Of course, it is hard to be in charge of anything if there is no measurement system in place, but Greg Gorbach, a vice president at ARC Advisory Group, a consulting firm in Boston, suggests how to establish one. Manufacturers have invested in information technology that extends from the executive suite into the factory. With Some relatively minor modifications, these systems could provide managers with an energy bill of materials for their products. "That gives you some planning capabilities and visibility, so you can set targets and measure your progress," GOl·bach said.
Sometimes, one person’s solution is another person’s headache. Pojasek’s example involves the printing industry’s use of soy-based inks. They are renewable, biodegradable, and less toxic, but they also make shop floors slippery. "People fall and break their legs because so~eone is not looking at the whole picture," he said. "Is it sustainable if you have a green solution that is not safe?"
Finally, though, it comes down to cost: Does green pay back in greenbacks? The answer is: It depends.
Denise Coogan, Subaru of Indiana’s manager of safety and environmental compliance, says her department earned $2.4 million last year. "When you’re starting out, buying equipment, finding partners, and creating programs, that’s where you lose money. But if you can get over the hump and start your reduction program, you can actually make some money at it.
"Our parent company, Fuji Heavy Industries, wanted us to reduce our landfilled waste and was willing to nvest at the beginning of the process. That’s not something you usually see at corporations," Coogan said.
But it is something we might see more of in the future. Economics will force manufacturers to pay attention to the rising costs. Regulations that put a cost on carbon emissions and waste may do the rest.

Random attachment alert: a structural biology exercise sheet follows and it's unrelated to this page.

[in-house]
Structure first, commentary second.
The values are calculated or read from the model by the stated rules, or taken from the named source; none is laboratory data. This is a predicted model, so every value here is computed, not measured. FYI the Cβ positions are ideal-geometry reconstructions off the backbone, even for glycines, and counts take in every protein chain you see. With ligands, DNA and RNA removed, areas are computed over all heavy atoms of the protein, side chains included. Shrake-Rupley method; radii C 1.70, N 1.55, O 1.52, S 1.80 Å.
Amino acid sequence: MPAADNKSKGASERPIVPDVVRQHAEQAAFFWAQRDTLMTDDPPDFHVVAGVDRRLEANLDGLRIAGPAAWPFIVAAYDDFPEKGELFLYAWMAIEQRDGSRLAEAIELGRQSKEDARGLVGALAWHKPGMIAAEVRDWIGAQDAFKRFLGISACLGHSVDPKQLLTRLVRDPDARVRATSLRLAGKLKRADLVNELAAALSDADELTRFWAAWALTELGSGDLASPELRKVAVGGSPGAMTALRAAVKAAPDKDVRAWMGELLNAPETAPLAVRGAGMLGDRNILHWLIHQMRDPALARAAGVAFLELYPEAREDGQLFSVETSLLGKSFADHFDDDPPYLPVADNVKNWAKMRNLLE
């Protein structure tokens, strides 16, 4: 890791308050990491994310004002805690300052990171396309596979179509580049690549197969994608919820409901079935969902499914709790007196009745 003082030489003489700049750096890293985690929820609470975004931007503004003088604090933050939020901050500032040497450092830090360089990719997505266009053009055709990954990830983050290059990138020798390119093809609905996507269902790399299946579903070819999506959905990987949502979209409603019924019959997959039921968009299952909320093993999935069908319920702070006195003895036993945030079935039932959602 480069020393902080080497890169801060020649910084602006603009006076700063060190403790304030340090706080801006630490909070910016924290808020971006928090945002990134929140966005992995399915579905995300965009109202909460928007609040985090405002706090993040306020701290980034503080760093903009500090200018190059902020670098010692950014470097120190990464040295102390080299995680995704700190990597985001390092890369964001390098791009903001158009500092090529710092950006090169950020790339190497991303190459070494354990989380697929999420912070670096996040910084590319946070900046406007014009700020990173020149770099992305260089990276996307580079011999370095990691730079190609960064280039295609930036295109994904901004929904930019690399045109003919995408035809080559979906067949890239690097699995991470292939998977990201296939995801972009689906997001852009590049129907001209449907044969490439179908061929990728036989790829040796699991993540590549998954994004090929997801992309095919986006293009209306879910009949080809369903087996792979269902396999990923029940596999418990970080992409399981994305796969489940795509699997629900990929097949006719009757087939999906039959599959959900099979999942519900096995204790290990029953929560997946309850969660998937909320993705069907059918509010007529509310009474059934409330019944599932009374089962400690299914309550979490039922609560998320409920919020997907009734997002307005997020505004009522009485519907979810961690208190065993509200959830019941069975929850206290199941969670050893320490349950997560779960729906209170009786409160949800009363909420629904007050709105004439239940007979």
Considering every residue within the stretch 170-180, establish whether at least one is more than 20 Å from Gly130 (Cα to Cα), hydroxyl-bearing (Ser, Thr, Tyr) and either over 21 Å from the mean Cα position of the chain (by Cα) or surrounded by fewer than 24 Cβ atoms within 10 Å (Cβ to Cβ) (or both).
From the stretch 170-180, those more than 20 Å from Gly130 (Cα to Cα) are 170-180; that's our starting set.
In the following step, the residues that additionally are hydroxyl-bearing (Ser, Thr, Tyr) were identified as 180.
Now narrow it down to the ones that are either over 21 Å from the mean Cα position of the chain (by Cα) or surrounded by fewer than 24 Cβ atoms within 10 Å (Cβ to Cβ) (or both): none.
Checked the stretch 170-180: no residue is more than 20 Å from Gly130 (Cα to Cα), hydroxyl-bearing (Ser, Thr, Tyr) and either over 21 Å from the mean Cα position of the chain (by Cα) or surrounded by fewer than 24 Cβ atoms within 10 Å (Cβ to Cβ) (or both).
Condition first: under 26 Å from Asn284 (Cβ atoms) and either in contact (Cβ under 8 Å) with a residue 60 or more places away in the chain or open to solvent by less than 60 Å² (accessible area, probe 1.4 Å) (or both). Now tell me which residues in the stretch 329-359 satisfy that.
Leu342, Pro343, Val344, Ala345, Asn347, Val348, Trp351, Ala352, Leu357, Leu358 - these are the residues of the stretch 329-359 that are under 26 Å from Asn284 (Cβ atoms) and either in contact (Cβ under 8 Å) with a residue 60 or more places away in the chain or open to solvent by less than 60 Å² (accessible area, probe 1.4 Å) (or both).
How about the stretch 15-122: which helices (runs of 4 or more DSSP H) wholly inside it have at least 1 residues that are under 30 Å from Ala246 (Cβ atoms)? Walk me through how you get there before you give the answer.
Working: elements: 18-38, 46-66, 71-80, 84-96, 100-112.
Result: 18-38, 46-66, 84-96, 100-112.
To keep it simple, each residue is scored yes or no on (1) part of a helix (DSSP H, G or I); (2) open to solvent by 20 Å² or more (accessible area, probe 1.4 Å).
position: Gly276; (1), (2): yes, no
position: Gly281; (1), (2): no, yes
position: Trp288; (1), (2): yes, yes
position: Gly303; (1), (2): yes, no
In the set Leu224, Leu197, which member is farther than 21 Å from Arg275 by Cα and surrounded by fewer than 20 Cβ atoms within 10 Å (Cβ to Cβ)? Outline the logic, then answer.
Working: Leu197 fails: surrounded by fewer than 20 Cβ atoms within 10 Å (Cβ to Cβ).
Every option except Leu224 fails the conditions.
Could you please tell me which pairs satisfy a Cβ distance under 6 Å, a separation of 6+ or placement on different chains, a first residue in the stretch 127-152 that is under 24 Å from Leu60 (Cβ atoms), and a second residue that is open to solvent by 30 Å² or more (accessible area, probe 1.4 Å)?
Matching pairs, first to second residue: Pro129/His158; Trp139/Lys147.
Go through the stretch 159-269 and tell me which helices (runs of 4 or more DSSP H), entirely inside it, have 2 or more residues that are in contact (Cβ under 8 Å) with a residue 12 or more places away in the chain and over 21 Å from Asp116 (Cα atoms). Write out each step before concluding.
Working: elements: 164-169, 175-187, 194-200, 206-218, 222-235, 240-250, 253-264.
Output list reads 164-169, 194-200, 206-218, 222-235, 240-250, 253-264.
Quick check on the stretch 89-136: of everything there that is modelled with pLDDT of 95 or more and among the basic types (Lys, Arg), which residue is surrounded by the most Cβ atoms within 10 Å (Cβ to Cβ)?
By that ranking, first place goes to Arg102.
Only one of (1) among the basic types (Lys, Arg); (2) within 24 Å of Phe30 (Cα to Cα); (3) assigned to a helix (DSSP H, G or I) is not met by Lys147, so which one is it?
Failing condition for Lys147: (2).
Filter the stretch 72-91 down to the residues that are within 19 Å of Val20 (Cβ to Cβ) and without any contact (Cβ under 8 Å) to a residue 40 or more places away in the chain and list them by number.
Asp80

carpet maker vs. waste
Ray Anderson began putting together Interface Inc. in the 1970s. Today, it calls itself the largest supplier of modular carpet tiles, so Anderson obviously knows a lot. Yet when shareholders began asking, questions about the environment in the mid-1990s, he didn’t know how to answer them . His ultimate response was to announce that his companies would have no net negative impact on the Earth by 2000.
That didn’t happen, but Interface’s operating divisions have made progress, Take Bentley Prince Street Inc., the company’s broadloom manufacturer located in City of Industry, Calil. It initially focused on waste elimination, forgoing energy, water, or material when it did not add value to the company’s products.
"Landfilling went down the quickest," Bentley Prince’s sustainability manager, Kim Matsoukas, reported. The company set up programs to recycle scrap nylon carpet, compost cafeteria waste, and recycle cardboard and other packaging , The company bought a machine to bale scrap nylon yarn, because baled material sold for higher prices (up to 50 cents per pound). Such programs eliminated up to 95 percent of solid waste,
The company also reconfigured processes, It produces tiles in rolls with room between the tiles for accurate trimming, Instead of tufting the space with virgin yarn, the company began tufting the space between tiles with damaged yarns that it would have to recycle anyway, This reduced waste and saved money on virgin yarn, which can cost up to $3,50 per pound,
It applied the same approach to dyeing carpet. Traditional skein and beck dyeing produce vibrant color mixes, but are energy-intensive, Bentley Prince invested in more energy-efficient new equipment, although it uses it only for carpets that do not need bright or complex colors.
Like other manufacturers around the country, Bentley Prince is facing rising water costs, "To be honest, we’ve been spoiled with water and this is a way to kick start us to do something about it," Matsoukas said, She added that the company is evaluating water reclamation issues.
Matsoukas is also pushing for more recyclable content in the company’s products. The problem is that she has only a handful of suppliers to choose from and her company is not lar.ge enough to force concessions from them, "We asked two backing suppliers for more recycled content, and one said it didn’t have time to deal with that, but the second was receptive," she said.
Even with the carbon offsets it buys, the company has not reached zero negative impact. But it has found ways to divert 95 percent of its solid waste from the landfill and its energy conservation programs keep it competitive in difficult times.